Touché – Definition, Meaning & Use In A Sentence

12.01.24 Definitions Time to read: 4min

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Touché-01

Many people often search for the definitions of English words and phrases. However, sometimes they use words simply because they are popular, without knowing their true meanings or origins. In some cases, they may even misspell words, leading to fatal errors in academic writing. This article aims to provide a clear understanding of the term “touché,” including its correct spelling and historical background.

Definition of “touché”

“Touché” is a term borrowed from French. It is the past participle of the verb “toucher,” meaning “to touch.” In fencing, it was originally used to acknowledge a hit by the opponent. In everyday speech, “touché” is often used in conversation to acknowledge a clever or effective point made by somaeone else, especially in the context of a debate, argument, or witty exchange. The word is typically used as a standalone expression, following a statement or remark to concede a point or acknowledge the effectiveness of an argument.

Use of “touché” in a sentence

The word “touché” functions as an exclamation. It is used independently to express acknowledgment, conceding a point, or recognising a clever remark made by somaeone else. In the context of an interjection, it is often used independently to acknowledge a valid or clever point made by somaeone else, especially in a conversation, debate, or exchange of witty remarks.

Examples

  • Well, considering your sources, touché.
  • Touché, you got me there.
  • Touché, I hadn’t considered that perspective.

How to spell “touché” correctly

The word “touché” has its origins in the French language. It is the past participle of the verb “toucher” which means “to touch” in French. Originally associated with the sport of fencing, “touché” was used to acknowledge a hit by an opponent. Over time, it has transitioned into more general usage in English and other languages, particularly in the context of acknowledging a clever or effective point made by somaeone else in a conversation, debate, or exchange of remarks.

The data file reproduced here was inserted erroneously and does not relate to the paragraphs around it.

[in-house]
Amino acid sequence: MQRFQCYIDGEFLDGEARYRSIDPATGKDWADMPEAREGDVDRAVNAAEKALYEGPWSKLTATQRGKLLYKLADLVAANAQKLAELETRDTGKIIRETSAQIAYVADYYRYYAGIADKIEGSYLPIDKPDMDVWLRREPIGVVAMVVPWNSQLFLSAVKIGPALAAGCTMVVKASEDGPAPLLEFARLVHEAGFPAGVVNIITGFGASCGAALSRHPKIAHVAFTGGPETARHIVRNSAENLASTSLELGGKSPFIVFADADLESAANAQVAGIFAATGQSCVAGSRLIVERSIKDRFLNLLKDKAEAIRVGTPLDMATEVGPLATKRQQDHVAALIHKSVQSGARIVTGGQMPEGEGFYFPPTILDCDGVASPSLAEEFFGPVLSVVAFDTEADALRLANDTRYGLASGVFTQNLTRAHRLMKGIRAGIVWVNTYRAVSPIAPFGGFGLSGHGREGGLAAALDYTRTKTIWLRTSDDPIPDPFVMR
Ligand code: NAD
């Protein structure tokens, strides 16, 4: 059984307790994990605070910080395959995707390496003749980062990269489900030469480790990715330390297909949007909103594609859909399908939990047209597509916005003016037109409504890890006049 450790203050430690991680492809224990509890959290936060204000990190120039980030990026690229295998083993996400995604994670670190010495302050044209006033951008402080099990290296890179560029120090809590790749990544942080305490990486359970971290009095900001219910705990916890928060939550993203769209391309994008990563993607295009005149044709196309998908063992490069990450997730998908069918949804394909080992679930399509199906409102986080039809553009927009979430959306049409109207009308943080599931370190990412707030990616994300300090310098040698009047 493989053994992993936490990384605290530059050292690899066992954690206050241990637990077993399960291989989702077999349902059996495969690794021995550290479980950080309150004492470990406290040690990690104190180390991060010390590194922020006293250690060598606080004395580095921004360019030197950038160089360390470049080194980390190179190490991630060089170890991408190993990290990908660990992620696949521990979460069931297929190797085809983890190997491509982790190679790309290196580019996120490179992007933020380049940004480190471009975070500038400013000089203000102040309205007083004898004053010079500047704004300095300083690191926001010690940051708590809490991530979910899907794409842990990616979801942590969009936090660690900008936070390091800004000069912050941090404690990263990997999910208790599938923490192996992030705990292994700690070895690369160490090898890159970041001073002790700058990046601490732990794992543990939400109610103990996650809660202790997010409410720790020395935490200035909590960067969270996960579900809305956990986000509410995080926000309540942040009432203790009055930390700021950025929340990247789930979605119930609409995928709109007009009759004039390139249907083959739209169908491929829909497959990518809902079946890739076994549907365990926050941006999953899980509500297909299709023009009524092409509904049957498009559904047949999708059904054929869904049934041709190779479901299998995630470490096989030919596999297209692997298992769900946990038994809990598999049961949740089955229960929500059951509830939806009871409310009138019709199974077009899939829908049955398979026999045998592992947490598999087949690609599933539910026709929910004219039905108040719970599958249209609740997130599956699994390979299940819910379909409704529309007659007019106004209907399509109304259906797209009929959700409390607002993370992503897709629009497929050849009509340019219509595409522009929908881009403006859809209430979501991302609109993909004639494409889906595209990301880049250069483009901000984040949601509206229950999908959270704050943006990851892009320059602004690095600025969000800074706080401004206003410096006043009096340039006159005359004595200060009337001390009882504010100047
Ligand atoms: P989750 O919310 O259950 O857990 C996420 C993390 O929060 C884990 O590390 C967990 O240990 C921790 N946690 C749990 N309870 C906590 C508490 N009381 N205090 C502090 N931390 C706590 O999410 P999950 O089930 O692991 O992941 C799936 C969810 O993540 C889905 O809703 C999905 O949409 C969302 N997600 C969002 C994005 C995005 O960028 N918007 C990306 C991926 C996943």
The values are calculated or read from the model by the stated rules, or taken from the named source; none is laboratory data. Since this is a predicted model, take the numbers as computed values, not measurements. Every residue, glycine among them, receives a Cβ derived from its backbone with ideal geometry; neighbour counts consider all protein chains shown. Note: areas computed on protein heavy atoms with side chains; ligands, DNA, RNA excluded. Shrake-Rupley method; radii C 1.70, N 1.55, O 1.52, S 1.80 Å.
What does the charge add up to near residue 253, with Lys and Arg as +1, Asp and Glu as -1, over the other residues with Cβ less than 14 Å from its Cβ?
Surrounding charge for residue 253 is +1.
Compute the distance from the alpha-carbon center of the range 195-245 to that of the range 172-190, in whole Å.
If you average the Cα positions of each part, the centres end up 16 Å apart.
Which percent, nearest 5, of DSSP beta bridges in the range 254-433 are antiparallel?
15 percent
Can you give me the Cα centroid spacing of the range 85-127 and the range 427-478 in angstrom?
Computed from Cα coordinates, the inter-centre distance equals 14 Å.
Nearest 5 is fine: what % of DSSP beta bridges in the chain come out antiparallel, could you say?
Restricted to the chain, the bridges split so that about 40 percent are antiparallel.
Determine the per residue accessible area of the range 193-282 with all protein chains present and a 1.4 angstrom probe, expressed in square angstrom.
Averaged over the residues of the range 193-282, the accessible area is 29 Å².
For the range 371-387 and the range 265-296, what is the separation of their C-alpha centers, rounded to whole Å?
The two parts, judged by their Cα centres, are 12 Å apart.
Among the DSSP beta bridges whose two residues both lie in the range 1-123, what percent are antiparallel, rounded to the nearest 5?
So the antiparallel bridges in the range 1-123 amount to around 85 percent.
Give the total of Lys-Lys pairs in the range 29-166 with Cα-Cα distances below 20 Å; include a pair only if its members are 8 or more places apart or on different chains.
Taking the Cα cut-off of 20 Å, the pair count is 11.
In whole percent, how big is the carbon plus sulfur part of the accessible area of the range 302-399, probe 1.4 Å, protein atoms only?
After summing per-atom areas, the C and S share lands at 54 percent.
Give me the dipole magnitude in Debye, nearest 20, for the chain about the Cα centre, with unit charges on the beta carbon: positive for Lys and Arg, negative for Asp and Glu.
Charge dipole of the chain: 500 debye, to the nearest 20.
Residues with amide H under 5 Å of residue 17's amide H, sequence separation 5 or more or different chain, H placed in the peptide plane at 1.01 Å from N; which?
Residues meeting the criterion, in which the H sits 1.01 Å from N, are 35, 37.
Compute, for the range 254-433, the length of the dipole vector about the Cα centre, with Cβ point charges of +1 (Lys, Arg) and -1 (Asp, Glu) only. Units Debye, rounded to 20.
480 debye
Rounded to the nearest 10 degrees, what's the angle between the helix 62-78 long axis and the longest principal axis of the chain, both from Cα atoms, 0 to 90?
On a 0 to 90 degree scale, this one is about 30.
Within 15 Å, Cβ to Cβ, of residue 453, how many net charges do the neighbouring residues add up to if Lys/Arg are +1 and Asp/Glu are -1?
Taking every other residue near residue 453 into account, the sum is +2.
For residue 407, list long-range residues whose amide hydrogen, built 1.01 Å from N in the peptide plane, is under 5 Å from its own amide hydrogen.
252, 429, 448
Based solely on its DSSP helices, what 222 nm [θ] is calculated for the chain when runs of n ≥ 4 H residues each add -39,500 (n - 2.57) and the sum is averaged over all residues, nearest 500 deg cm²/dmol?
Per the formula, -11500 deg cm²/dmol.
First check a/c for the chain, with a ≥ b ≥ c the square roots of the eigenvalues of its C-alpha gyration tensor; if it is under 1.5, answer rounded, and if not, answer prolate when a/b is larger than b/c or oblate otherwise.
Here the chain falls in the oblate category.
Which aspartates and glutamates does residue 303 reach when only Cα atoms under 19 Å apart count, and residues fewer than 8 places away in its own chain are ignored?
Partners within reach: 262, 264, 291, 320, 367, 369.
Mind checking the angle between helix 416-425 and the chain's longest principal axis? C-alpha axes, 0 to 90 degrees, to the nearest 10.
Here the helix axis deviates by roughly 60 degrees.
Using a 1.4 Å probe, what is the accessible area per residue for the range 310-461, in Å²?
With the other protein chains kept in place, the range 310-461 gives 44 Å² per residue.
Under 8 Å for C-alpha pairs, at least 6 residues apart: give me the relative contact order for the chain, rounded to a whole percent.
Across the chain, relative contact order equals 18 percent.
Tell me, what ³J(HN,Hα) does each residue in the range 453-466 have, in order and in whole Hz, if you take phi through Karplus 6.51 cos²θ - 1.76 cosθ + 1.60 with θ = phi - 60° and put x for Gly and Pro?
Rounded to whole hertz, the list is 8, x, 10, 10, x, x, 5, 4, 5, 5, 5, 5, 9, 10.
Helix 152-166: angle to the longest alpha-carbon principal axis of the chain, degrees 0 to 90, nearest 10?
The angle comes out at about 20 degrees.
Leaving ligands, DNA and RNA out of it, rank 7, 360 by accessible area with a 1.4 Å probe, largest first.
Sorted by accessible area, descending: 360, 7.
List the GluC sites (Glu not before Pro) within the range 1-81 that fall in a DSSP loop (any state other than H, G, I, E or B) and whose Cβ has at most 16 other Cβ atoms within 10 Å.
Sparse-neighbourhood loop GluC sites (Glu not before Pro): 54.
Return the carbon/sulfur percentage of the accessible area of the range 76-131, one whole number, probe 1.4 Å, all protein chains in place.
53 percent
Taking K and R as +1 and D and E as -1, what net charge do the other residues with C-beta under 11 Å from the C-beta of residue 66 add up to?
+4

• Toucher – French verb meaning “to touch”

Correct spelling

touché

 

 

Wrong spelling

touche

touchee

twochee

The frequent misspelling of “touché” may be attributed to a few factors. The acute accent over the “e” in “touché” (é) is a distinctive feature in French. Accents can be challenging for English speakers to remember or reproduce correctly. Moreover, the phonetic pronunciation of “touché” might lead to variations in the spelling, as people may attempt to replicate the sounds, they hear without considering the specific accent marks. Furthermore, in casual contexts, especially in online communication where accent marks can be cumbersome, individuals might opt for simpler spellings, contributing to misspellings.

Synonyms for “touché”

Using different words to express “touché” can improve the variety of expressions, make communication clearer, prevent repetition and redundancy, customize the language to fit the audience or situation, and enhance stylistic diversity in your writing. In the following sentences, you will find synonyms for “touché” along with example sentences.

Synonym Examples
Fair point After looking at your evidence, you’re right. Touché!
After looking at your evidence, you’re right. Fair point!
Point taken Your explanation makes sense. Touché!
Your explanation makes sense. Point taken!
Well said Your speech was articulate and persuasive. Touché!
Your speech was articulate and persuasive. Well said!
You got me I hadn’t thought of it that way before – well played, touché!
I hadn’t thought of it that way before – well played, you got me!

FAQs

In everyday language, “touché” is an expression used to acknowledge and concede a clever or effective point made by somaeone else in a conversation, debate, or exchange of remarks. It indicates recognition of the other person’s skill or wit.

The French say “touché” to acknowledge a hit in fencing, expressing that their opponent has made a valid and skilful point. Over time, the expression has transitioned into broader usage, both in French and in other languages, to acknowledge clever or effective points made in various discussions or debates.

No, “touché” does not mean “yes.” “Touché” is an expression used to acknowledge and concede a clever or effective point made by somaeone else in a conversation, debate, or exchange of remarks. It’s not a direct equivalent to saying “yes” but rather a way of acknowledging the merit or skill in the other person’s argument or remark.

You use “touché” in a sentence to acknowledge and concede a clever or effective point made by somaeone else. It is often employed in response to a well-made remark or argument in a conversation or debate.

Synonyms for “touché” include:

  • Well said
  • Good one
  • You got me
  • Fair point
  • Point taken
  • I concede that point
  • Nicely done
  • You win this round
  • Well played
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